The Bundesliga isn’t always the first league that comes to mind when European football is being discussed, whether it be in pubs and cafes or on internet forums. A large percentage of these conversations, especially on Youtube, tend to focus on what people see as the ‘best’. Which country has the best league? Spain or England? Who is the best player in the world? Messi or Ronaldo?
The answers to these questions are always subjective at best, forever tainted to some degree or other either by where one comes from or who one supports. Football fans in England will almost unanimously agree that the football on show in the Premier League is more exciting than that of La Liga, that the teams are more equal, that it’s a more difficult league to win because anyone can beat anyone on any given day. Spanish fans will counter these arguments by responding that Real Madrid and Barcelona would humiliate nearly all the teams in the English top division, such is the gulf in quality. They would go on to say that, while Real and Barça may very well dominate the league, teams such as Atlético Madrid, Valencia, Málaga, Sevilla and Athletic Bilbao – from their ‘best-of-the-rest’ category – would no doubt fare very well against the likes of Everton, Liverpool and Tottenham. Supporters of both Messi and Ronaldo point to the incredible goal scoring statistics of their ‘chosen one’ as evidence of his claim to be the world’s top footballing dog.
However, in the midst of this frenzied to-ing and fro-ing, there is a league that produces exciting, fast-paced, attractive football alongside a high level of technical skill, with a level of equality that means that, in the last 10 years, 5 different teams have had their hands on the championship trophy. Add to that the fact that this is a league known for blooding, developing and having confidence in youngsters. It’s a wonder that this league never gets a say in the ‘who is the best’ discussion…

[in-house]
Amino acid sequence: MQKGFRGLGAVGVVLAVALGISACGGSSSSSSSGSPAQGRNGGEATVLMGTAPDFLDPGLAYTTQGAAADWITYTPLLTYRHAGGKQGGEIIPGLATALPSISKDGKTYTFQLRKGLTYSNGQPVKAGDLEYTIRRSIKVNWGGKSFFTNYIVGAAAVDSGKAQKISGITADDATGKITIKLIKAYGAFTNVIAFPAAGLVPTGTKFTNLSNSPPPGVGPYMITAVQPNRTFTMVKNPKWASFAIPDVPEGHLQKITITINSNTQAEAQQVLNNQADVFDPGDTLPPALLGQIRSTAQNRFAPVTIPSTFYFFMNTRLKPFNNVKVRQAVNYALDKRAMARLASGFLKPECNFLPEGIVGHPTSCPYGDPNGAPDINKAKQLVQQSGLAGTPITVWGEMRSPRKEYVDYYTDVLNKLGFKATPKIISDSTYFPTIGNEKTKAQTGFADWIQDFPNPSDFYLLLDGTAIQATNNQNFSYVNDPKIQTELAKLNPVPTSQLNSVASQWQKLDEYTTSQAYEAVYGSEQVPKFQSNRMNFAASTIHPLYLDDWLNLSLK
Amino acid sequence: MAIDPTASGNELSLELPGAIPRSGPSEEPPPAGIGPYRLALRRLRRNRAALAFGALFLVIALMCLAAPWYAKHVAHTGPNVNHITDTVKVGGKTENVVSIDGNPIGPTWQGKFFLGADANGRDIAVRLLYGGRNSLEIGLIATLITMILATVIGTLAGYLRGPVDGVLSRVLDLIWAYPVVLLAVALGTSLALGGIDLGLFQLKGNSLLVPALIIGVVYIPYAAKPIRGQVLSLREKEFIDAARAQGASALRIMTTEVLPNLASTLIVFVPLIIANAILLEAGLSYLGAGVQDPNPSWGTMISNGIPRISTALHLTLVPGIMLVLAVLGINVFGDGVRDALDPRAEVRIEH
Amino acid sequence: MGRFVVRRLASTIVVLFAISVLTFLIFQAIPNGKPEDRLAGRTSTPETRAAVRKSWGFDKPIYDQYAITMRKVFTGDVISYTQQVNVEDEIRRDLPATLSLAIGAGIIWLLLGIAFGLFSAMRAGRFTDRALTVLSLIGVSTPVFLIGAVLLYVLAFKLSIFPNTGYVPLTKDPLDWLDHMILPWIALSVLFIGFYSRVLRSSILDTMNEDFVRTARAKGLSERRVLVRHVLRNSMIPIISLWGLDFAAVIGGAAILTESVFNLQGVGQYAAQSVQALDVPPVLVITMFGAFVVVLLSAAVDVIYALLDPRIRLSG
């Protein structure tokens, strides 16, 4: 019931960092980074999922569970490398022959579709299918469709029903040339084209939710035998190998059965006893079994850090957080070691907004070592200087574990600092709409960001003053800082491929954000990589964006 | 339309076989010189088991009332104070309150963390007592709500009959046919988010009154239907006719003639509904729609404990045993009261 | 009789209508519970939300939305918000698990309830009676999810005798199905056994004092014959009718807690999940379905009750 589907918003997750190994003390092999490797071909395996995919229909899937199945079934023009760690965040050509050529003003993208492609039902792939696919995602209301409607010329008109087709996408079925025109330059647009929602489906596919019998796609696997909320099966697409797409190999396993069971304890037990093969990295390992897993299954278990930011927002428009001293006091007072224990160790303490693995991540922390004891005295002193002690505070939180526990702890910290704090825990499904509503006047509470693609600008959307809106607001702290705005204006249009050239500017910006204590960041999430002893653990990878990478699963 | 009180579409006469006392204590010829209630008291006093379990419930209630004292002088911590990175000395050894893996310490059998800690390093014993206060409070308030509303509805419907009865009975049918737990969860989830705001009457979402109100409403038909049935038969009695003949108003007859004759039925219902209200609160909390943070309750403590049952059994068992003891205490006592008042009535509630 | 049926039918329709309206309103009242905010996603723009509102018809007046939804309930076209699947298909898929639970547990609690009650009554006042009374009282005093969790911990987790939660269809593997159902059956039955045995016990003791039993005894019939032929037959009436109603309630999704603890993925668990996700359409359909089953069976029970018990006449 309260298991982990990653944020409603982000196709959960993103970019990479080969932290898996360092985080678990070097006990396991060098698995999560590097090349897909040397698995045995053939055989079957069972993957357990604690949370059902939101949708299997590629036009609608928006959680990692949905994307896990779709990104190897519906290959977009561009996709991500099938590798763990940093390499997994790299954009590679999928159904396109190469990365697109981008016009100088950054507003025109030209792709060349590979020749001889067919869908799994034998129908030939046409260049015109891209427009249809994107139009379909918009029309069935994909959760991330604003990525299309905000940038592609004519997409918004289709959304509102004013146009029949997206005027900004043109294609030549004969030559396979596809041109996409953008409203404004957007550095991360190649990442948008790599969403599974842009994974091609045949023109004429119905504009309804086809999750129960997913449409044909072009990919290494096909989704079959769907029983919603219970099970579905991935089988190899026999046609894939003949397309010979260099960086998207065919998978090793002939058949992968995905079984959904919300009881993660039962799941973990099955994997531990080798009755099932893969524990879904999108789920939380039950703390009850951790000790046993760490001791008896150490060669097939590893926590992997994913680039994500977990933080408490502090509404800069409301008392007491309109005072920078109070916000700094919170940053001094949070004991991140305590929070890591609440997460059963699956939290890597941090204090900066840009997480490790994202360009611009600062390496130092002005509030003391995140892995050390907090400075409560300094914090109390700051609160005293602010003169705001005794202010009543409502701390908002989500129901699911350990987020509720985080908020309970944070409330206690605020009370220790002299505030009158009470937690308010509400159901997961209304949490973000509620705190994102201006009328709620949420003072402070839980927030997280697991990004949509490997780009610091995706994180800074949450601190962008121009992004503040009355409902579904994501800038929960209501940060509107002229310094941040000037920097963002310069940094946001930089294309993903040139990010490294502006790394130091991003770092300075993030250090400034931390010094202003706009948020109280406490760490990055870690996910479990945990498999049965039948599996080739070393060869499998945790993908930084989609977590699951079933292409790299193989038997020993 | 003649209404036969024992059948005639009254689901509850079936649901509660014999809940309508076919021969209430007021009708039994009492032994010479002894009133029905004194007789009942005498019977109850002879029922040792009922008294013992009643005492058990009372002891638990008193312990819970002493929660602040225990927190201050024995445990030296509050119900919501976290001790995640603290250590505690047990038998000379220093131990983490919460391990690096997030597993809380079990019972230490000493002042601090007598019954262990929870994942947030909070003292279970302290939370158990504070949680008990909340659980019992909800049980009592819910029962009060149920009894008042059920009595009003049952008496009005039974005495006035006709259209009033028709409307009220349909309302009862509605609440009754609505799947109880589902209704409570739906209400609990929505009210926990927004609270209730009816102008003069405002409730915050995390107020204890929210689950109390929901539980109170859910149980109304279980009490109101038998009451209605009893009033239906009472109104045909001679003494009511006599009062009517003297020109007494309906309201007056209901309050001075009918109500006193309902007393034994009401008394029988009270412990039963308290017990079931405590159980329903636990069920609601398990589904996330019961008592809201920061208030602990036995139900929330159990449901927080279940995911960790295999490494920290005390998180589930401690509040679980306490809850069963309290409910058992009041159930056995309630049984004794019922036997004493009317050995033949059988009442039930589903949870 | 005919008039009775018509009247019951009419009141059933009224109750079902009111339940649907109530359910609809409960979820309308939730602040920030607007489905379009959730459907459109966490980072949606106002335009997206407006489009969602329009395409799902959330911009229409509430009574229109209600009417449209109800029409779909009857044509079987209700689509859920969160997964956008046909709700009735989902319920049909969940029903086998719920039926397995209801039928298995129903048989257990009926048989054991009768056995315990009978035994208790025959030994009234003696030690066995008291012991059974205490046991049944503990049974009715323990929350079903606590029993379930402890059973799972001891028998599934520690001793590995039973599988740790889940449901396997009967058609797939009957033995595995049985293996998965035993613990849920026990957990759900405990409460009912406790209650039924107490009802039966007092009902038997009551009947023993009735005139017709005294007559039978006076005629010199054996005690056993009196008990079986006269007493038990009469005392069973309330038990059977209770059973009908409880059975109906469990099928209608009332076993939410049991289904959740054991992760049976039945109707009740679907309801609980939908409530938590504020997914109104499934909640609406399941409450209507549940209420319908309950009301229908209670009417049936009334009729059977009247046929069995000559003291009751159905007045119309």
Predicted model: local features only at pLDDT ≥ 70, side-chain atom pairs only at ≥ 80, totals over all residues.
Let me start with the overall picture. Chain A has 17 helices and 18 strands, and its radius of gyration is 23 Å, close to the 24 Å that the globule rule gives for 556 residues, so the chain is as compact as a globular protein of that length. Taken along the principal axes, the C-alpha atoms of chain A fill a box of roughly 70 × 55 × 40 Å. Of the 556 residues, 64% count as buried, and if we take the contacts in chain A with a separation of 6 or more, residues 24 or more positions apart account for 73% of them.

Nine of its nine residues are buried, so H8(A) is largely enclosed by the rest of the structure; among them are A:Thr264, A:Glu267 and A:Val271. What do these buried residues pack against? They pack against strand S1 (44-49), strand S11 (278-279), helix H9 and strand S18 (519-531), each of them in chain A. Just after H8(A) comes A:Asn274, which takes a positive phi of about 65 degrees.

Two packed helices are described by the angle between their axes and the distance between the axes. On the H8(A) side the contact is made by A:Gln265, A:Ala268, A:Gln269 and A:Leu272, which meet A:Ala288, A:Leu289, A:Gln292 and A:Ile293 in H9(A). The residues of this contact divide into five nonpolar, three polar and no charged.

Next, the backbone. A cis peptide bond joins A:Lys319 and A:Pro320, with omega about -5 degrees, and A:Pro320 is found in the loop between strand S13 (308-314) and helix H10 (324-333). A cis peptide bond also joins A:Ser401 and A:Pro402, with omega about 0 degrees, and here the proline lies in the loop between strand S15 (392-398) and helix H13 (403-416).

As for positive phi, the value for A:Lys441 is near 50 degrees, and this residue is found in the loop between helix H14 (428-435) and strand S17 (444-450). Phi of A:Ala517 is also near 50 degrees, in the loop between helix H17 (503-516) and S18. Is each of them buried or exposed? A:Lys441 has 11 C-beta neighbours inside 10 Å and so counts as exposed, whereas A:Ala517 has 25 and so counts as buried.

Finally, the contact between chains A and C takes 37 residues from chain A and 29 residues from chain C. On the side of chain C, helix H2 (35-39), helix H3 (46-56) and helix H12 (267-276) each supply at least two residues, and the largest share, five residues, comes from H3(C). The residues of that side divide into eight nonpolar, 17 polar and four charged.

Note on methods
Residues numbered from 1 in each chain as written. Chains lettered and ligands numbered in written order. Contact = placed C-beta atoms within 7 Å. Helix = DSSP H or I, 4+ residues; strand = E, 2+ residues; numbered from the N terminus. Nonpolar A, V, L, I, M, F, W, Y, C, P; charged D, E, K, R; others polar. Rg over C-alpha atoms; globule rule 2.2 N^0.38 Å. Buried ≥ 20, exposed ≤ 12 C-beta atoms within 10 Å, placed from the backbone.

The 2012-2013 Bundesliga season has seen many exciting story lines emerge. Borussia Dortmund, champions for the past 2 years, find themselves in 3rd, 12 points behind a resurgent Bayern Munich at the halfway stage. Eintracht Frankfurt, promoted from the Second Division, have climbed their way up to fourth, level on points with Dortmund. VfL Wolfsburg, champions just four years ago, are struggling in lowly 15th position, while things are not much better for traditional powerhouses Schalke 04 (7th), VfB Stuttgart (9th), Hamburger SV (10th) and Werder Bremen (12th).
With its mix of established stars (Arjen Robben, Frank Ribéry, Klaas-Jan Huntelaar) and young talents (Mario Götze, Julian Draxler, David Alaba) the Bundesliga constantly throws up interesting matches. Although Bayern have claimed the Herbstmeisterschaft (‘Winter Championship’) with 13 wins, 3 draws and 1 loss so far, conceding just 7 goals, it would be far from wise to write off either Dortmund or second-placed Bayer Leverkusen just yet.
With the amount of talent on display at every team, Longpuntupfield wanted to make a list of the players we’re most looking forward to watching in 2013. We could have made a list of about 50 players but, with regret, we decided that a list of 10 was more acceptable. Some are very well-known, others not so much.
Our 10 players to watch:
Marco Reus – Winger
Marco Reus is a supremely talented player. Signed by Dortmund from Borussia Mönchengladbach at the start of the season for a hefty fee (around €17m), he’s already making that look like a bargain. His main weapon is his blistering pace, even with the ball at his feet. At 23 he still has his best years ahead of him.
Takashi Inui – Winger
Takashi Inui impressed so much in his debut season in Germany with VfL Bochum last year that he was snapped up by Frankfurt in order to help them survive relegation, and his performances so far this season have justified that decision and then some. With 5 goals from left wing already (just 2 off from his total in the whole of last season), Inui’s speed and movement off the ball have paid dividends for Frankfurt. His link-up play with midfielders Alexander Meier and Stefan Aigner has been especially impressive.